Dental conditions can cause an incredible amount of pain and discomfort for your cat which could in turn create issues in many areas of their life such as eating. Here, our Pittsboro veterinary dentists discuss dental care for cats and ways you can prevent painful oral conditions.
Dental Care For Your Cat
Cats are incredibly capable of hiding any pain or discomfort that they may be experiencing due to being a natural predator and being hardwired to never show any possible weakness. Because of this, owners need to be conscious of their feline companion's oral health and keep their furry companion's teeth clean. By monitoring and regularly cleaning your cat's teeth, you will be able to detect any oral health issues early allowing you a chance to visit with your cat dentist to have your feline friend assessed.
The Importance of Annual Cat Dental Visits
To make sure that your cat's mouth remains pain-free and healthy, our veterinarians recommend making annual dental care visits with your veterinary dentist as a part of their preventative healthcare routine. Your cat dentist will evaluate your pet's oral health on top of their overall physical health and let you know if any professional dental cleaning or surgery is required to restore your cat's good health.
Cat Dental Checkups With Your Veterinary Dentist
A daily oral hygiene routine for your cat can help to make sure their teeth and gums stay as healthy as possible for as long as possible. To make cleaning your cat's teeth at home as easy and stress-free as possible, begin your cat's oral hygiene routine while your kitty is still young. By doing this you will ensure that your cat will not only be accustomed to teeth brushing but also by keeping up with an oral healthcare routine your visits to the cat dentist will be more stress-free.
Your goal is to make brushing your cat's teeth a stress-free and easy part of your kitty's daily routine. Begin by waiting until your cat is calm and relaxed, then follow these steps:
- Gently lift your cat's lips, then use your finger to massage their teeth and gums for just a few seconds.
- Don't expect too much from your cat at first. You may only be able to reach a couple of teeth the first few times your try this process. That's okay though. This is about building trust in your cat to help prevent them from becoming agitated.
- Remain calm and be sure to give lots of praise and a yummy treat after your teeth-and-gum massage. You're trying to build your cat’s tolerance to the experience, gradually increasing the length of time you spend on the task each day.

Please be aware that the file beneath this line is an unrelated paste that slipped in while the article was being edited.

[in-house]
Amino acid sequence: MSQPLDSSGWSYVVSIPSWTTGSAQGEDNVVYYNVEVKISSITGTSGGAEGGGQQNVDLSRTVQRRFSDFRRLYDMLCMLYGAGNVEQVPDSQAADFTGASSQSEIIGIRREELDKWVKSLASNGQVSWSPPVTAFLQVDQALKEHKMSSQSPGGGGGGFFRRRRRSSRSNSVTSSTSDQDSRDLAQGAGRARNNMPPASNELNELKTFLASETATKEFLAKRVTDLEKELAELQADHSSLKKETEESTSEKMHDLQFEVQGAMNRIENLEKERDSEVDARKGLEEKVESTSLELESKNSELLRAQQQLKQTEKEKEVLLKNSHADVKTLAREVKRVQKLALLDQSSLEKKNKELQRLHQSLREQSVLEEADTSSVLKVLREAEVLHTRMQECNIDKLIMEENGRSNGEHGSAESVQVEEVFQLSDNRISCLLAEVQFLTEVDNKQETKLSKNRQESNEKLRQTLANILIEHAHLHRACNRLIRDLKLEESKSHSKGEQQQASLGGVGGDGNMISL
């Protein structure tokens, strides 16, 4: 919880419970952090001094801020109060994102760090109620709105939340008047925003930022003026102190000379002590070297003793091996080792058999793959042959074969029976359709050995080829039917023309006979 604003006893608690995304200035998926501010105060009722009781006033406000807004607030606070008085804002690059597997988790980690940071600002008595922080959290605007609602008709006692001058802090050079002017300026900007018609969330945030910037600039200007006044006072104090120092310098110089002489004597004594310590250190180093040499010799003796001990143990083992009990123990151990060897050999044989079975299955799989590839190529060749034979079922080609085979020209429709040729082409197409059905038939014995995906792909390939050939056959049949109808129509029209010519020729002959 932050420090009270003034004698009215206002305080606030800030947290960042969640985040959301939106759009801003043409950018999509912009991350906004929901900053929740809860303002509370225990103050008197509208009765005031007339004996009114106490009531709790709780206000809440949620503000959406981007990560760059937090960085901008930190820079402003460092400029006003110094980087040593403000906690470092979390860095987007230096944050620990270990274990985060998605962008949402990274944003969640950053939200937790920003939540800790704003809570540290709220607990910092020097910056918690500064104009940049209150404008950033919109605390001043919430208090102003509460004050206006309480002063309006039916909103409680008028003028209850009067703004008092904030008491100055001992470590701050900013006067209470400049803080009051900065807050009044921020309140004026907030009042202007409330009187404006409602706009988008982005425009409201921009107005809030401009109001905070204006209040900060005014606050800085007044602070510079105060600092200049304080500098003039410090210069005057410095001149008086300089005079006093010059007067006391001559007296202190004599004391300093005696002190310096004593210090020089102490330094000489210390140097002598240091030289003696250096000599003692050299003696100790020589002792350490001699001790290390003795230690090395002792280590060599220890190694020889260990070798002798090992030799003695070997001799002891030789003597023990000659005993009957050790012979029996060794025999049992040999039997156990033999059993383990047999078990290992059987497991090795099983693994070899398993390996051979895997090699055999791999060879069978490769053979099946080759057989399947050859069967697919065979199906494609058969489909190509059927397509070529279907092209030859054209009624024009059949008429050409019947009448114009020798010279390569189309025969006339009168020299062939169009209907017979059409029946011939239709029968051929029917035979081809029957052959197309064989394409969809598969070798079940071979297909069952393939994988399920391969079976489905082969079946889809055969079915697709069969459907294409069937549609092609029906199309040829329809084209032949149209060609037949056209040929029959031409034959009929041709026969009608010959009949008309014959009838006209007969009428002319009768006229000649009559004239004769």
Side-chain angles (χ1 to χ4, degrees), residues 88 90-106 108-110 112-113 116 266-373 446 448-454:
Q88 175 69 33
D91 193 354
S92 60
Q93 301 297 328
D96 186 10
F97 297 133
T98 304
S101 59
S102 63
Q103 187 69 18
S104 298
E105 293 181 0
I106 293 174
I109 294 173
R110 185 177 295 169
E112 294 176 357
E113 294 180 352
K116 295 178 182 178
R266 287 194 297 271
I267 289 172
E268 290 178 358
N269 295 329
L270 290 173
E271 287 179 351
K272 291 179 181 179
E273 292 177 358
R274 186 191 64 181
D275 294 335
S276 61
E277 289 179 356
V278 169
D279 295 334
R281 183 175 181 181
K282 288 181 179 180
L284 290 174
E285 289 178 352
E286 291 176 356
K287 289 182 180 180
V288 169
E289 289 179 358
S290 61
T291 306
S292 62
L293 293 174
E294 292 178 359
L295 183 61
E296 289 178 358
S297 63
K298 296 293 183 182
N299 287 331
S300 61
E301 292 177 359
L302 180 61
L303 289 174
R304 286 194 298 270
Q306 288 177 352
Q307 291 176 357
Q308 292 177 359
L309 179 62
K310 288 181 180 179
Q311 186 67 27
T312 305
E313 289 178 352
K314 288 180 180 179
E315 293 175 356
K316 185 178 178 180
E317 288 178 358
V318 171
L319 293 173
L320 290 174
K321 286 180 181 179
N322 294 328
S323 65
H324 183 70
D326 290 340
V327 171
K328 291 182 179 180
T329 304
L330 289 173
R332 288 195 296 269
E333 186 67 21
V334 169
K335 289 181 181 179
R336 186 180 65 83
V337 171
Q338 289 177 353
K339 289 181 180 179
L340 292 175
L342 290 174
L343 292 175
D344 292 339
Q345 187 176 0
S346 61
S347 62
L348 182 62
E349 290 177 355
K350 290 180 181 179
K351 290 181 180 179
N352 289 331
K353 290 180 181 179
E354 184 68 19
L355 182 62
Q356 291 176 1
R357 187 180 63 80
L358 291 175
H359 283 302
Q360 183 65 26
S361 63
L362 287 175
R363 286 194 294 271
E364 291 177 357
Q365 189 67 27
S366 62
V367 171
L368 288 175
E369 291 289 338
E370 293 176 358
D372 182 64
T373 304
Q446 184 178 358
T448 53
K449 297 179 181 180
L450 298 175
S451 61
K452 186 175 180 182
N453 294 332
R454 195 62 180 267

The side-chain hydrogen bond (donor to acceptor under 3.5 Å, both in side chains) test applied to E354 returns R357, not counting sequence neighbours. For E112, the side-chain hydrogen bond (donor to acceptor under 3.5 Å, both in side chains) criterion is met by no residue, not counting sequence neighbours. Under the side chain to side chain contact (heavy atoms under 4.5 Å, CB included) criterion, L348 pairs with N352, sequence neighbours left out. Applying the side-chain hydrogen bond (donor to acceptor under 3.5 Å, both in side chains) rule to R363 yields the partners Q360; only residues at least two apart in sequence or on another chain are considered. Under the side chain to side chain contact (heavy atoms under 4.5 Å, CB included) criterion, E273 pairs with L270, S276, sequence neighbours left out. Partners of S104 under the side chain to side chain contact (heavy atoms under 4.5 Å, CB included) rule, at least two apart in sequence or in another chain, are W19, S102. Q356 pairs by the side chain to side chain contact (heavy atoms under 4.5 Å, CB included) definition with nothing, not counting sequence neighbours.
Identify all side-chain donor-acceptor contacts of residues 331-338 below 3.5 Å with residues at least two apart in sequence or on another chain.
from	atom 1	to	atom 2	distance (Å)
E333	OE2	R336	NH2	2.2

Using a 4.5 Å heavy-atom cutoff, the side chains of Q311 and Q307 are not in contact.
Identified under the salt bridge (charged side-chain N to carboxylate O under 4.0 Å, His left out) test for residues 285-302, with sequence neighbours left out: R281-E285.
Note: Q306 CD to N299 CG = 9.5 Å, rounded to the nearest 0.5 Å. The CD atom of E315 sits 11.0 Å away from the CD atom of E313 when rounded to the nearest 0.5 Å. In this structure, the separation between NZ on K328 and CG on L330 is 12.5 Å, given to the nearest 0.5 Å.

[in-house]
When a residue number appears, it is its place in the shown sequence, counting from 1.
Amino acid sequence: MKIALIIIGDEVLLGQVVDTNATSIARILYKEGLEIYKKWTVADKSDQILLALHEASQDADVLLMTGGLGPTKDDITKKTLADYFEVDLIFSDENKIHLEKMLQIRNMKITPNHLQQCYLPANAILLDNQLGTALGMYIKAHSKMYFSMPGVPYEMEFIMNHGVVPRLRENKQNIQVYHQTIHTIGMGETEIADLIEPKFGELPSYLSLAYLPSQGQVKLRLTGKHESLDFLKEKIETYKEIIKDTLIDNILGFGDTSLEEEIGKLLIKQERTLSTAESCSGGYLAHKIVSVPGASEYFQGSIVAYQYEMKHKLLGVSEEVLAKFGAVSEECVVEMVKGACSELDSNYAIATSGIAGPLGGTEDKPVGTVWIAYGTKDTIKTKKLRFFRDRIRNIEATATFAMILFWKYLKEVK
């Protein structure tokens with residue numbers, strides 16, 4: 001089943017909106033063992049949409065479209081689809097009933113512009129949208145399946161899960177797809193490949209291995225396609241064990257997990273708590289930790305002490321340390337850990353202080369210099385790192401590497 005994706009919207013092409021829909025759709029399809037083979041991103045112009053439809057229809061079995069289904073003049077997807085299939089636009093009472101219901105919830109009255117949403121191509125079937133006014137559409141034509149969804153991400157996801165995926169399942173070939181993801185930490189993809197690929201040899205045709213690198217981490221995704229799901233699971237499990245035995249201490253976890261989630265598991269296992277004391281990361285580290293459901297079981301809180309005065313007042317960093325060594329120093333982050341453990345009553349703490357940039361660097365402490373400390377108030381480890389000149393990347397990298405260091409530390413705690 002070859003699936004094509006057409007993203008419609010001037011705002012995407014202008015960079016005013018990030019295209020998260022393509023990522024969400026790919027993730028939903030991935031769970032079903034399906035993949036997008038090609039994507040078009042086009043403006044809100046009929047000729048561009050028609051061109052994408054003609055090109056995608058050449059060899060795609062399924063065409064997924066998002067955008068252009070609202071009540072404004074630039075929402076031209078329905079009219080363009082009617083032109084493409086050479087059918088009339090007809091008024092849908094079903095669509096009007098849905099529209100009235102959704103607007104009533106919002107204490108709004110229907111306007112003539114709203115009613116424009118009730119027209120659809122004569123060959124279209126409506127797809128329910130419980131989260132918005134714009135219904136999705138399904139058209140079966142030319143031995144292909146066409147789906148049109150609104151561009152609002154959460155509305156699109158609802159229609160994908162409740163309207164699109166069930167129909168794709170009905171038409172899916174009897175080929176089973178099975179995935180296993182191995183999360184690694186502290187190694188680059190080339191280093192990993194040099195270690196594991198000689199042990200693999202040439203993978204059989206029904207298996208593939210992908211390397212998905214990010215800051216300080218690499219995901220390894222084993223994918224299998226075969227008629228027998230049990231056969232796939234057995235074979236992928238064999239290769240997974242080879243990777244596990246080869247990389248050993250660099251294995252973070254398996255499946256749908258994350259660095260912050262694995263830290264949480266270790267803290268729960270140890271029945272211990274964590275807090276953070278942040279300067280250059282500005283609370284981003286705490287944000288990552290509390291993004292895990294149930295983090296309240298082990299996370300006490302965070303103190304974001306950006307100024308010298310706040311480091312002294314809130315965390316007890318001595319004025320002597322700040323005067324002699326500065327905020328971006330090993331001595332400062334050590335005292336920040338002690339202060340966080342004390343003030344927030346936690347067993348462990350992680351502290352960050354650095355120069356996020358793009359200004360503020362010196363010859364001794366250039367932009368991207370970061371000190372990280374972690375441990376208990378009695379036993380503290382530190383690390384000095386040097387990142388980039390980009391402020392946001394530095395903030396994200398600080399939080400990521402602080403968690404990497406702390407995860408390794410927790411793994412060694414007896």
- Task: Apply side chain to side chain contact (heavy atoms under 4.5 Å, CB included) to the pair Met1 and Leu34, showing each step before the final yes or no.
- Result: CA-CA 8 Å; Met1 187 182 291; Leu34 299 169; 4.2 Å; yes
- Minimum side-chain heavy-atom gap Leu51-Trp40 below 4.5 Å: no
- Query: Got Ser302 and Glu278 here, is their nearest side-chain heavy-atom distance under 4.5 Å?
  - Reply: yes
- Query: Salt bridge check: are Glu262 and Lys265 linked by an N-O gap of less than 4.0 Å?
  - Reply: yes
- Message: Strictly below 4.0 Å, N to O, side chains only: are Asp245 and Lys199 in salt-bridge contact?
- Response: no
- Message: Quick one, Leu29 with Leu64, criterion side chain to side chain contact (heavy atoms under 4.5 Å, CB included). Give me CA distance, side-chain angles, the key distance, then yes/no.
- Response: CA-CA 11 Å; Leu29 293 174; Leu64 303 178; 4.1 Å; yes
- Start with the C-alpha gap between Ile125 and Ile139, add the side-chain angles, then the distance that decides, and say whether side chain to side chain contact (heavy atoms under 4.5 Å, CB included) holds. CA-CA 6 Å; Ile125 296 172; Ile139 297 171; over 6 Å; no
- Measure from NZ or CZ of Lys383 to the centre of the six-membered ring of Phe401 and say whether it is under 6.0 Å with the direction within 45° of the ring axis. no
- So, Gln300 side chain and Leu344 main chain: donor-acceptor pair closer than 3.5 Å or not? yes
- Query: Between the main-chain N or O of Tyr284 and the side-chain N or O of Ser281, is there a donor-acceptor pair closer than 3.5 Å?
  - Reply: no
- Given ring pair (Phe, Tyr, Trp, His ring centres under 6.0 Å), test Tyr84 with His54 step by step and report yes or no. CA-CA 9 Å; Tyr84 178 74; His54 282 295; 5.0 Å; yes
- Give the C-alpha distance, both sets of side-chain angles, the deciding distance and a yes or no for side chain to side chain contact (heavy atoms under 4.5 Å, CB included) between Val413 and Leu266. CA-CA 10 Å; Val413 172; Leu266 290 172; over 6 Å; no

- Once your feline friend is used to you massaging their gums each day, you will be able to gradually introduce a soft-bristled toothbrush you can acquire from your vet and some special cat toothpaste. Toothpaste can come in a range of excellent flavors for cats like beef or chicken.
- Begin using the toothbrush as gradually as you did the teeth-and-gum massage; your cat may begin with licking just a small dab of toothpaste from your finger.
The degree to which you are able to brush your cat's teeth will largely depend on their temperament. Make sure you are flexible and adapt your approach to how tolerant your cat is of the process. Some cat owners have a very easy time cleaning their teeth with some gauze, some find a finger brush works well and others apply a dental gell with their fingers that they allow doing the work for them.
When you finally begin brushing your cat's teeth successfully, move along the gum line, working quickly but stopping before your cat becomes irritated. It could be weeks before your kitty tolerates having all of their teeth cleaned during a single session.
If your cat is stressed or alarmed by the teeth cleaning process they may react by scratching or biting. So if brushing your cat's teeth is too difficult for you and your kitty consider adding plaque remover additives into their drinking water, getting them specially designed chew toys or providing your cat with tasty dental treats.
As well as your efforts to keep your kitty's teeth clean and healthy, they’ll also need a regular professional dental cleaning performed by a qualified vet to keep their teeth in optimal condition.
To find out more about the veterinary dental care offered by our veterinary dentists in Pittsboro, check out our dentistry page.
Note: The advice provided in this post is intended for informational purposes and does not constitute medical advice regarding pets. Please make an appointment with your vet for an accurate diagnosis of your pet's condition.